Sen. Woods’ gay marriage view challenged in letter

Anne Jezek wants to know how two people loving each other affects Republican state Sen. Pat Woods, who has introduced legislation defining marriage as being between one man and one woman.

Jezek joined ENMU Gay Straight Alliance president and student Robert Johnston Thursday in drafting a letter to Woods.

As an advocate and ally of the gay community, Jezek wrote an impassioned letter to Woods on Facebook, making it clear she's one member of this community who does not believe how he does.

"Everyone should have equal rights," said Jezek, an English instructor at Eastern New Mexico University. "It doesn't matter who you love, it doesn't matter what your skin color is, everyone should be treated the same."

Woods said he knew he'd get a response from those who disagreed with him, but he still plans to stick by his beliefs.

"I try my best where I can and as often as I can to vote what my constituents want me to vote, I think that's what you're supposed to do," Woods said. "But I was elected on certain core beliefs and I just have to stick with them. It may kill me but those are my core beliefs."

Jezek disagrees.

"He needs to realize times are a changing my friend," Jezek said.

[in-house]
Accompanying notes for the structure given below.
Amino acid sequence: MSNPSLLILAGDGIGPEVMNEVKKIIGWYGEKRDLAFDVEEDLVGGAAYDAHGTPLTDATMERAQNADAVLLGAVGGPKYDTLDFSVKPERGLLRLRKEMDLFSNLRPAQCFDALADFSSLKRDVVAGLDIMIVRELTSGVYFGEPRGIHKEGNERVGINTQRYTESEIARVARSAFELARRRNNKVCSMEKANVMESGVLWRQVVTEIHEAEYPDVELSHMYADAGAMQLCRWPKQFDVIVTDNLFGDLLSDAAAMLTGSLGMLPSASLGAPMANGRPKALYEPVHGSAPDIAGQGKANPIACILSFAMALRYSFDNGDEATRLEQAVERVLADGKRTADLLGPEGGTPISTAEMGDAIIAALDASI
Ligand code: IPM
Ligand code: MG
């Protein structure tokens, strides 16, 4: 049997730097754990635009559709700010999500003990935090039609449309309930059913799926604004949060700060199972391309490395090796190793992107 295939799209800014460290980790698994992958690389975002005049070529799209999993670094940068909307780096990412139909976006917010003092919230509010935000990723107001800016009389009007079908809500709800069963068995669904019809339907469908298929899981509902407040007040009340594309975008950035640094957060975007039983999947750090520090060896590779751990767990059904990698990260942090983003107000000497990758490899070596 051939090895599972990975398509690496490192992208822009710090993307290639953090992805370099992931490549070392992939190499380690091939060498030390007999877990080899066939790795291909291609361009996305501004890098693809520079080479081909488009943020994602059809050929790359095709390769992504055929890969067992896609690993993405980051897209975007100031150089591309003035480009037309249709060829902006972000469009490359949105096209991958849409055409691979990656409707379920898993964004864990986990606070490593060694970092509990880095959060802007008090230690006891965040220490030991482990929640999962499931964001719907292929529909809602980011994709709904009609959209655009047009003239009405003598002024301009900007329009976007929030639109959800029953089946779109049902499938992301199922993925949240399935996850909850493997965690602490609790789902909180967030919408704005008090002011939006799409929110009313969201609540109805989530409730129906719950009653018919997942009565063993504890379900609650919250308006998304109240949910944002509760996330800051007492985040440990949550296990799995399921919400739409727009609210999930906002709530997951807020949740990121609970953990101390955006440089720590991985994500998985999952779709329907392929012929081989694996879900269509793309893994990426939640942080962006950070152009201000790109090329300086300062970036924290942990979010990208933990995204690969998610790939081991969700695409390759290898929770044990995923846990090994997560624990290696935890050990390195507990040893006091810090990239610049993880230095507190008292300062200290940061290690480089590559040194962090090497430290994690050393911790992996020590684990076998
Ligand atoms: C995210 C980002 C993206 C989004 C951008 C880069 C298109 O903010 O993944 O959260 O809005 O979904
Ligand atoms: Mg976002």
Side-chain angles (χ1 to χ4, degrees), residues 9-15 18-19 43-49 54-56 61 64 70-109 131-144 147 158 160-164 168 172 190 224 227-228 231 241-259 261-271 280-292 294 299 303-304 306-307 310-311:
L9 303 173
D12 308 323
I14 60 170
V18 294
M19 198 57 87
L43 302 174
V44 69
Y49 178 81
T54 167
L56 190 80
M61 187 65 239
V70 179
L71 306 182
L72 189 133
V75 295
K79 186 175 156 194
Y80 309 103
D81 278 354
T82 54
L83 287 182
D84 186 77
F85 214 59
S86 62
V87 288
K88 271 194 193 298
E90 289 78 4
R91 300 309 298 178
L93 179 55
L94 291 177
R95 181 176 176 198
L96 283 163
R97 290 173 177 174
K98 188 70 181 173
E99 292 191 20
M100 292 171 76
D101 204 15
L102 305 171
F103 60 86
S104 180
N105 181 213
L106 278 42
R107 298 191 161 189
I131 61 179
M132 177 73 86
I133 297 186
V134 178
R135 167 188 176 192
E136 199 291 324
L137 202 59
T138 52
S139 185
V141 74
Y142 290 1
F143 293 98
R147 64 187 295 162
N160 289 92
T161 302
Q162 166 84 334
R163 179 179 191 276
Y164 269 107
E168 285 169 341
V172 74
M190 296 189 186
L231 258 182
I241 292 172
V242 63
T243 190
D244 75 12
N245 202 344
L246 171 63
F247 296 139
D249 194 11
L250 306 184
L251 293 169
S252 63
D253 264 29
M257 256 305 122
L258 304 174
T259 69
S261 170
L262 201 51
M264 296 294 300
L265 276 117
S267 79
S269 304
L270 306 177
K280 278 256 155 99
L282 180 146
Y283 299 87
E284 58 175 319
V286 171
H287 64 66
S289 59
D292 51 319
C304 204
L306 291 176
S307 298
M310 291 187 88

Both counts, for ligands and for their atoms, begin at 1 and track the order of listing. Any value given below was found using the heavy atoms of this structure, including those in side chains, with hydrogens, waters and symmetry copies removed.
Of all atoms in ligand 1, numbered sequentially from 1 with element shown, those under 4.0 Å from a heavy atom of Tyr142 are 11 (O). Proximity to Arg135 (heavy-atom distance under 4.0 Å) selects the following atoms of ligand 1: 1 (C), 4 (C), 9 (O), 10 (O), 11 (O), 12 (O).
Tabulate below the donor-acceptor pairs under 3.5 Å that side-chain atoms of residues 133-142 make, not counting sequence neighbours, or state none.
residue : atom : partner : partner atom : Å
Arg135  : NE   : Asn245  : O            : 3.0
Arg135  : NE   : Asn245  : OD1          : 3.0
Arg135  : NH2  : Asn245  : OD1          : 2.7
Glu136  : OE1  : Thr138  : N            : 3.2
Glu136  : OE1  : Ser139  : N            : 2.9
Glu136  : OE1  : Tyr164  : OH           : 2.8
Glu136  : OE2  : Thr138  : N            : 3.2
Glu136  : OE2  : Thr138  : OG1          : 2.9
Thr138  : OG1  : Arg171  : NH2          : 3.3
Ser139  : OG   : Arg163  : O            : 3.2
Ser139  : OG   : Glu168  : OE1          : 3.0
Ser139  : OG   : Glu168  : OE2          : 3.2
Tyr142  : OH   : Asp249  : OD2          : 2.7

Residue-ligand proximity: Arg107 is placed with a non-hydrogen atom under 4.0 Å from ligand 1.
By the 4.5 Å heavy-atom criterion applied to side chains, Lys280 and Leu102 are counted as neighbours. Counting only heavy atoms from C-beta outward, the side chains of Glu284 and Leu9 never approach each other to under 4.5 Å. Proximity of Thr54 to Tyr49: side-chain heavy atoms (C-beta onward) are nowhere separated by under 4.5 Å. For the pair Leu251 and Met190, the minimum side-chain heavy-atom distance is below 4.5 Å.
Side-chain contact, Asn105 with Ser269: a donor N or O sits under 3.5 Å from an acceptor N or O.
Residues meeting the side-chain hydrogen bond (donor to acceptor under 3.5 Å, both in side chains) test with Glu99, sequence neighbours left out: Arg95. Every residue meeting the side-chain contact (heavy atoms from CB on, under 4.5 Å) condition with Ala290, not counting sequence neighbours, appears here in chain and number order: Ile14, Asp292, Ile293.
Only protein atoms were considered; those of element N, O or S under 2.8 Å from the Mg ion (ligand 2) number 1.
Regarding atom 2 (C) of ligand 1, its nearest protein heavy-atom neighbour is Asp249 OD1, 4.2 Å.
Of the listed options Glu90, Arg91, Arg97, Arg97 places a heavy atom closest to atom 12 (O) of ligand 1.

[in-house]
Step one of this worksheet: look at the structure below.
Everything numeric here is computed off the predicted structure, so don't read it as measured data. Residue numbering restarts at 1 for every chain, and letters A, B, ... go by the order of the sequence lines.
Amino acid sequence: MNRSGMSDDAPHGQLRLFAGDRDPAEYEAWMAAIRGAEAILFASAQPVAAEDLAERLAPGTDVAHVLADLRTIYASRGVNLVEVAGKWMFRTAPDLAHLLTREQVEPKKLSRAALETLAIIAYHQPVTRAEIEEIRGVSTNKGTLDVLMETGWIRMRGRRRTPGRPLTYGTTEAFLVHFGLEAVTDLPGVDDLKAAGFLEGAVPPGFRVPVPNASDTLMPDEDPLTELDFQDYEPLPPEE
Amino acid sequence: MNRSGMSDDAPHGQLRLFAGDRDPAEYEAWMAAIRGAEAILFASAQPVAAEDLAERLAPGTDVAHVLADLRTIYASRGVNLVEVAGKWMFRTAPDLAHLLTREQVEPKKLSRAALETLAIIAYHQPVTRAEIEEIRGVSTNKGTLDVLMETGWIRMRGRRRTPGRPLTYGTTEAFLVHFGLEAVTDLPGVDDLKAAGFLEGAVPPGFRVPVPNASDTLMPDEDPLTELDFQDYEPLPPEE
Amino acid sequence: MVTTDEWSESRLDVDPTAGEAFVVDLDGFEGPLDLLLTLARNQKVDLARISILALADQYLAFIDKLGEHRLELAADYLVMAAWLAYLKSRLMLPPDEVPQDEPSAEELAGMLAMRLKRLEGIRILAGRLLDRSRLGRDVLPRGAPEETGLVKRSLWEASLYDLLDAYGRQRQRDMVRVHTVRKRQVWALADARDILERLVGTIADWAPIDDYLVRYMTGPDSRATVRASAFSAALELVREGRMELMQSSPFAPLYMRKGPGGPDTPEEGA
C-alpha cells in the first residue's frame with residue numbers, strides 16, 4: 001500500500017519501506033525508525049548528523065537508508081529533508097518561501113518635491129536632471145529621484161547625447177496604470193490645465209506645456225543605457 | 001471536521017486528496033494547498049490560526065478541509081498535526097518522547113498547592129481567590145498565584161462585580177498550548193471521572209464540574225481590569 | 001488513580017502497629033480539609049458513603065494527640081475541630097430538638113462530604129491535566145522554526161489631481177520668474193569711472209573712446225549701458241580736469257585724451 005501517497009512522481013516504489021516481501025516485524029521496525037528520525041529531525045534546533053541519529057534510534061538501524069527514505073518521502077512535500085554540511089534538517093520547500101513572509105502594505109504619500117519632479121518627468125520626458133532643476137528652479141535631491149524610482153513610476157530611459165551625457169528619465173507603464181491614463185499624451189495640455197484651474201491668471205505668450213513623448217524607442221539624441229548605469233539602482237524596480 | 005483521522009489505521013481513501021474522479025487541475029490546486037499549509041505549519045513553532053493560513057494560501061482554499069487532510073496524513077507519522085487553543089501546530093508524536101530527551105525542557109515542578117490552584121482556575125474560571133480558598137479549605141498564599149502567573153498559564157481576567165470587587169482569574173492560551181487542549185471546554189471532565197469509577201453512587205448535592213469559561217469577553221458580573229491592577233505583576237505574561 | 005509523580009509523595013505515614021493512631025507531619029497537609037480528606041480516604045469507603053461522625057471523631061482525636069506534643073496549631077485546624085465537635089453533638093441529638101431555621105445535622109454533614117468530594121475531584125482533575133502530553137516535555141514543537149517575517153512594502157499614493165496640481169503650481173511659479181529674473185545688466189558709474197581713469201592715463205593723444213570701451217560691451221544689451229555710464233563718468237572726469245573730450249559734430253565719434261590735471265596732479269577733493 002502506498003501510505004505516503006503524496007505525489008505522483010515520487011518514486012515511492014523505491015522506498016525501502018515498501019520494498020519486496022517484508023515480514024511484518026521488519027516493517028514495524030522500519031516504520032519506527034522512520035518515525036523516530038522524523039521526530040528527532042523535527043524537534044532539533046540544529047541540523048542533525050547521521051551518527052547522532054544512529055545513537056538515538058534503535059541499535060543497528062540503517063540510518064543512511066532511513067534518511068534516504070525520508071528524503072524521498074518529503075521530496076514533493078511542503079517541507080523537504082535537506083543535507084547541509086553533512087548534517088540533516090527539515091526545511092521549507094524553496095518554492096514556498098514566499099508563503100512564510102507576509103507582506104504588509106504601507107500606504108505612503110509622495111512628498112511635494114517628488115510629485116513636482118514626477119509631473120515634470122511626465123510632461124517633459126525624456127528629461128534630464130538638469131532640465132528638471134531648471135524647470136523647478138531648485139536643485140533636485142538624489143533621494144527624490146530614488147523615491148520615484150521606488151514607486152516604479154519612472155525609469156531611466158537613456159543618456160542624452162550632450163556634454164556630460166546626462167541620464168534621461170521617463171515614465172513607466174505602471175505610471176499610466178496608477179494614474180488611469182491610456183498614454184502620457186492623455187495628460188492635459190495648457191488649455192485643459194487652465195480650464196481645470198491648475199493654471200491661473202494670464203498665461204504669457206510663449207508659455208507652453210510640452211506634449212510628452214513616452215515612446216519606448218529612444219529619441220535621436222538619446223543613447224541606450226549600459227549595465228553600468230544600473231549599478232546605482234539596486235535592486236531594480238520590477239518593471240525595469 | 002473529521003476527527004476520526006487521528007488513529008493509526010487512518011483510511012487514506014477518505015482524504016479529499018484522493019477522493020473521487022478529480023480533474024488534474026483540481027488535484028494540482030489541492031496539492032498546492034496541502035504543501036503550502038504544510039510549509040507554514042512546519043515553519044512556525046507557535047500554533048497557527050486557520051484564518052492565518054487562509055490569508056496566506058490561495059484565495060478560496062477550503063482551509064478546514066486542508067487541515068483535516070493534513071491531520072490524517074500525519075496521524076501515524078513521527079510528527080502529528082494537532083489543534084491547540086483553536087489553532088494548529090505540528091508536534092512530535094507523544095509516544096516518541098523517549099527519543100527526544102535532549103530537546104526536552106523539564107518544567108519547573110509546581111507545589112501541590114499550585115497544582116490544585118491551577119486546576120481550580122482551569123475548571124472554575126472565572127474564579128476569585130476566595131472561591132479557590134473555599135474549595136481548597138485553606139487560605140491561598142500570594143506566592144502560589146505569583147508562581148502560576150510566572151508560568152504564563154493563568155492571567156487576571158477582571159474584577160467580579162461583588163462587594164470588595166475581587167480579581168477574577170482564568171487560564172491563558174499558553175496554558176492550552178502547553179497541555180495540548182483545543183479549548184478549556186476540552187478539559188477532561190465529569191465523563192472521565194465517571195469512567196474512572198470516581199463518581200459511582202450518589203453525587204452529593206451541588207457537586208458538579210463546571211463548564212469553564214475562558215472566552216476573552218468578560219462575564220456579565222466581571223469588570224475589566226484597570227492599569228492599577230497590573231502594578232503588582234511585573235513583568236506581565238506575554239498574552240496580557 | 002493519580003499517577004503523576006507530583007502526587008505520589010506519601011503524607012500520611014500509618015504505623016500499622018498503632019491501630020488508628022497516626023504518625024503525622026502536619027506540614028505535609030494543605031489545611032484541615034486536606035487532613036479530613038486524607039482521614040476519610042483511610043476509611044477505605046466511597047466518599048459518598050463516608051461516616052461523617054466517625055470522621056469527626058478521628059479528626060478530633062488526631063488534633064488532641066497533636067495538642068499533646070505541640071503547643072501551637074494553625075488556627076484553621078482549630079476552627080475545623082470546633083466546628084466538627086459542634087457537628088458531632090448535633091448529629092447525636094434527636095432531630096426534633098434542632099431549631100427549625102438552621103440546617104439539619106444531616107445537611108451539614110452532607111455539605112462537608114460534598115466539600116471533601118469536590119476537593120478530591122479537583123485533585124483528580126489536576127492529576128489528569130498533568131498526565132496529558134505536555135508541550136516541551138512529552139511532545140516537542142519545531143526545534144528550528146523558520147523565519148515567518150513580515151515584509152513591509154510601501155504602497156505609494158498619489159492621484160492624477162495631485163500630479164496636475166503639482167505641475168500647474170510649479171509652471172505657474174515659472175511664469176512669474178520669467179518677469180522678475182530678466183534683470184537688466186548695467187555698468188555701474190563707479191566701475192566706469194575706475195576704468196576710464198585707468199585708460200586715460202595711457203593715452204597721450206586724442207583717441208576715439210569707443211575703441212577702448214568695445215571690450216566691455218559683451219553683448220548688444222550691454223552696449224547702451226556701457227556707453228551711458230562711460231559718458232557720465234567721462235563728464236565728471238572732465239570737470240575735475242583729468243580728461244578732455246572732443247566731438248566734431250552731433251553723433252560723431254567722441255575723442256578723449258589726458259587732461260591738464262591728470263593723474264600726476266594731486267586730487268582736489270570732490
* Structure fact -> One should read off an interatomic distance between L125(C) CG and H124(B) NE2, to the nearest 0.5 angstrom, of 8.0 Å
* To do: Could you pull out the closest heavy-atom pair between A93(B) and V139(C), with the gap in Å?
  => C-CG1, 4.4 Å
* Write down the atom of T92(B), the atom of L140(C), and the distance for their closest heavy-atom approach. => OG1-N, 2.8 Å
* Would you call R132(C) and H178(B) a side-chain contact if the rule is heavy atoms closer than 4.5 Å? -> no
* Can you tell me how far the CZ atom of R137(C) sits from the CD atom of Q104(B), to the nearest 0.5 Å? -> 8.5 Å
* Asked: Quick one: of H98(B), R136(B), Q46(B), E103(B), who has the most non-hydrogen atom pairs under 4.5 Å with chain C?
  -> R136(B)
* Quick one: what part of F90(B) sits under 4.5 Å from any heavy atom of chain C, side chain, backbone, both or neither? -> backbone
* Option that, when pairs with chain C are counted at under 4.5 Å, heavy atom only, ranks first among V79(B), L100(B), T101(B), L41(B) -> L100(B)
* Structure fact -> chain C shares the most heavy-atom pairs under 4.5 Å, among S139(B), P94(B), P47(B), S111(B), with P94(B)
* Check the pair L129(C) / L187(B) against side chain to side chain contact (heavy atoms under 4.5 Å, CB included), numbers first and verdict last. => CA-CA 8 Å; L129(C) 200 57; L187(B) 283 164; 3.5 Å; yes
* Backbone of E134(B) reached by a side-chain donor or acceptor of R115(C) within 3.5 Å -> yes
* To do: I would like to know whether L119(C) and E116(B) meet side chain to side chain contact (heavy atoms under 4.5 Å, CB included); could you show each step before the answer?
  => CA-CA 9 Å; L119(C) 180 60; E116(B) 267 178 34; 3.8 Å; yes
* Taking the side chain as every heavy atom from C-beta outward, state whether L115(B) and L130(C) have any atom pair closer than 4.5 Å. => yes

Johnson offered another take on the issue.

"Those in the U.S. who have historically wanted to extend liberty to all citizens have been on the right side of history," Johnston added. "And those who seek to limit liberty have been on the wrong side."

Johnston, who has plans to study law after graduating from ENMU, says the idea that Woods has the authority to impose his morals on all of New Mexico is repugnant and unjust.

"We have to realize we're in a diverse state with diverse faiths, diverse ethnic backgrounds and diverse upbringings and to impose one set of rules on a diverse population is unethical," Johnston said.

The House Consumer and Public Affairs Committee voted 3-2 on Thursday in favor of a constitutional amendment allowing same-sex couples to be married. The committee's Republican members opposed the measure.

The proposal must clear two other committees to reach the 70-member House for a vote. It also needs Senate approval before it could be placed on the 2014 general election ballot.

The measure likely faces difficulty because the Legislature in the past has turned down proposals for domestic partnerships.

Former Attorney General Patricia Madrid issued an advisory letter in 2004, saying state law limits marriage to a man and a woman and that county clerks shouldn't issue licenses to same-sex couples.

The Associated Press contributed to this report.

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